Essentials for Underground Waterproofing

"Successful below-grade waterproofing requires more than simply selecting and installing a reputable product," says Brent Anderson, structural engineer and president of Brent Anderson Associates, Inc., a consulting firm in Bloomington, Minnesota.

Underground waterproofing systems require three interdependent lines of defense against water:

  • Careful site planning and landscaping to limit or control the sources of water
  • Backfilling or drainage techniques to reduce the amount of unavoidable moisture
  • Protective barrier system or membrane to eliminate the passage of water

By waterproofing, Anderson means, "the treatment of a structure to prevent passage of water." He says the term waterproofing is often confused with dampproofing. "Dampproofing actually connotes the prevention of dampness, but not full protection from water that may enter the structure.

"In the waterproofing industry, the owner often expects more than what can be done for a given cost and in a given time," Anderson says. Costly and complicated problems arise because of soil conditions, water tables, improperly cured concrete, improperly designed foundations, and poor workmanship.

In addition, groundwater conditions can change. It's very costly to do something about waterproofing later, says Anderson. That's why taking precautions at the beginning of a project is important. Designers, as well as owners, need to understand the complexity of the problem.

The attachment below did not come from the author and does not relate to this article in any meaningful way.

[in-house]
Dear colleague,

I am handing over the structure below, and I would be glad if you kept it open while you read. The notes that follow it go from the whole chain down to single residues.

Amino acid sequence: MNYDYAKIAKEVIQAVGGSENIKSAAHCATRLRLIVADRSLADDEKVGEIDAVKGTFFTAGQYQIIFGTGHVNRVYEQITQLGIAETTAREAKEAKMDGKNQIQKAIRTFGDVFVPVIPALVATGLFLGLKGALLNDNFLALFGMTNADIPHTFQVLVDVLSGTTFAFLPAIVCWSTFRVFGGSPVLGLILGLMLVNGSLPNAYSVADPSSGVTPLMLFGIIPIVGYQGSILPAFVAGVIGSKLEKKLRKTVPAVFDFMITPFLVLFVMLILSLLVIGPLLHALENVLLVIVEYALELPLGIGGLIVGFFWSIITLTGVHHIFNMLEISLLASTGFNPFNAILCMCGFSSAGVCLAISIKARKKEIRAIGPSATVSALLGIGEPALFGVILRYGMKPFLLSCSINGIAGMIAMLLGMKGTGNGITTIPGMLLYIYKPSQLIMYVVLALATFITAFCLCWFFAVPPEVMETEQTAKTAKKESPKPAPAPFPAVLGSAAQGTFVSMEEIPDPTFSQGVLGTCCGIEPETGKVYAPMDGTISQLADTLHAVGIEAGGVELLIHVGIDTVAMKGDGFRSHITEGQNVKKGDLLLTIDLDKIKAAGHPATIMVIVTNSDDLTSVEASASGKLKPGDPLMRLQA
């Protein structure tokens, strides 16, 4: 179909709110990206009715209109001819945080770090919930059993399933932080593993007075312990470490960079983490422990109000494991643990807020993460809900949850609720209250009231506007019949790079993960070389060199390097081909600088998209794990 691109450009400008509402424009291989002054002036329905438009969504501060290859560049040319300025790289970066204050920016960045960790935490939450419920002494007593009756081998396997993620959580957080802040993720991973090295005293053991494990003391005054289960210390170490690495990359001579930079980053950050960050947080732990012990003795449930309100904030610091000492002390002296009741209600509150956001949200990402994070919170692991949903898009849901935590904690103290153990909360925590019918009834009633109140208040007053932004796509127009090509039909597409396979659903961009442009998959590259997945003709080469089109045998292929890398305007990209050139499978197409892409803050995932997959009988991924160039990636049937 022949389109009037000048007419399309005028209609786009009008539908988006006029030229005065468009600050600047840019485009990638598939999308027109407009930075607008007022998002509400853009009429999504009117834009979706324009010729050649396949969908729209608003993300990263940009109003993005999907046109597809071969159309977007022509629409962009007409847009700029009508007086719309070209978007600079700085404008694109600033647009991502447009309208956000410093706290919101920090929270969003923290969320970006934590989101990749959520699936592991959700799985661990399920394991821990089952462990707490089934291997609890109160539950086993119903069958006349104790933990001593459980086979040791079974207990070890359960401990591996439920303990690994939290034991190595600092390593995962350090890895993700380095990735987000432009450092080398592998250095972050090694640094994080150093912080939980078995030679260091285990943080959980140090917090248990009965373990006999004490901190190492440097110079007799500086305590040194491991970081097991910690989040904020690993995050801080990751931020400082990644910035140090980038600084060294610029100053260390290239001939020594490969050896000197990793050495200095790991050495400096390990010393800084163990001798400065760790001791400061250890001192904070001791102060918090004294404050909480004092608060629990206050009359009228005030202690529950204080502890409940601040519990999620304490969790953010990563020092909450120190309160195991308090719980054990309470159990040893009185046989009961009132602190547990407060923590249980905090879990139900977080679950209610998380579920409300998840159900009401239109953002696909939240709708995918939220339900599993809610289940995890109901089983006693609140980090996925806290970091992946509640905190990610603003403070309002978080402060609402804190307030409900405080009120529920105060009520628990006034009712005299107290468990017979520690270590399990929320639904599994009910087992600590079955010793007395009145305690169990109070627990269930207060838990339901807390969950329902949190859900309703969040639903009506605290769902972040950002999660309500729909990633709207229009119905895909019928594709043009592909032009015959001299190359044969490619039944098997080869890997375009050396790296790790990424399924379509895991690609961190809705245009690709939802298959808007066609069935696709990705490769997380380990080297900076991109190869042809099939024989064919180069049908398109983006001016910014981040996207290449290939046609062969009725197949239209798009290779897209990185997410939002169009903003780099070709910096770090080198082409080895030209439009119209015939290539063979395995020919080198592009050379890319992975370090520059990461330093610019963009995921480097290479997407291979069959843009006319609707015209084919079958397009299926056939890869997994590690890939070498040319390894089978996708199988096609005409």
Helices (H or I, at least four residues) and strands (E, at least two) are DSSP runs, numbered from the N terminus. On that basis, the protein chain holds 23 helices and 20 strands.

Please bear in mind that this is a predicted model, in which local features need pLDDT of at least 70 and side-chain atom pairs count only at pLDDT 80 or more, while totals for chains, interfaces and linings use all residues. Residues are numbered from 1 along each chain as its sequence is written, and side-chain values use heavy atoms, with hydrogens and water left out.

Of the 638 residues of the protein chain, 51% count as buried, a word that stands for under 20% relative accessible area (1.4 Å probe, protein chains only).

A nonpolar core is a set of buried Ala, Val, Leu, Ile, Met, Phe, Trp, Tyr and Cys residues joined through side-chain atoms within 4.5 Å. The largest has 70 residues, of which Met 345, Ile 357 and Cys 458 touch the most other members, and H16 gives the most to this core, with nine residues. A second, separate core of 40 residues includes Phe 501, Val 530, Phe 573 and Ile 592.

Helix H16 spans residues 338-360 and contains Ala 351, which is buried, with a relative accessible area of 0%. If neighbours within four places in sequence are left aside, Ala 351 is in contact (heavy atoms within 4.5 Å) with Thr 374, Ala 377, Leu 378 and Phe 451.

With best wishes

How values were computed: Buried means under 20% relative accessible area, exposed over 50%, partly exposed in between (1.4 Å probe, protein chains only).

Most leaks occur at joints, at structural connections, or at shrinkage cracks in concrete. Anderson recommends the following guidelines for below-grade waterproofing:

  1. Place waterproofing treatment directly on the concrete or wood substrate.
  2. Do not place insulating materials between two waterproofing membranes. This causes water entrapment problems.
  3. Backfill with a granular material compacted to about 88 percent modified Proctor density. Many specs call out 95 percent modified Proctor density for backfill around walls. Experience has shown that using 88 percent induces less stress in walls during backfilling and achieves better drainage.
  4. Seal and caulk all flashings. Where possible, inspect and/or maintain annually.
  5. Be aware of surface temperature and curing requirements of concrete before a concrete product is specified. Many products require a 28-day cure for concrete before application. Water entrapment, lack of adhesion, and solvent evaporation are concerns with temperature and curing.

Edited by Lisa Schuetz

This article is based upon work supported by the University of Wisconsin–Madison Department of Engineering Professional Development. It is for general information and distribution. It is not intended to provide specific solutions or advice for specific circumstances, which should be sought from appropriate professionals.


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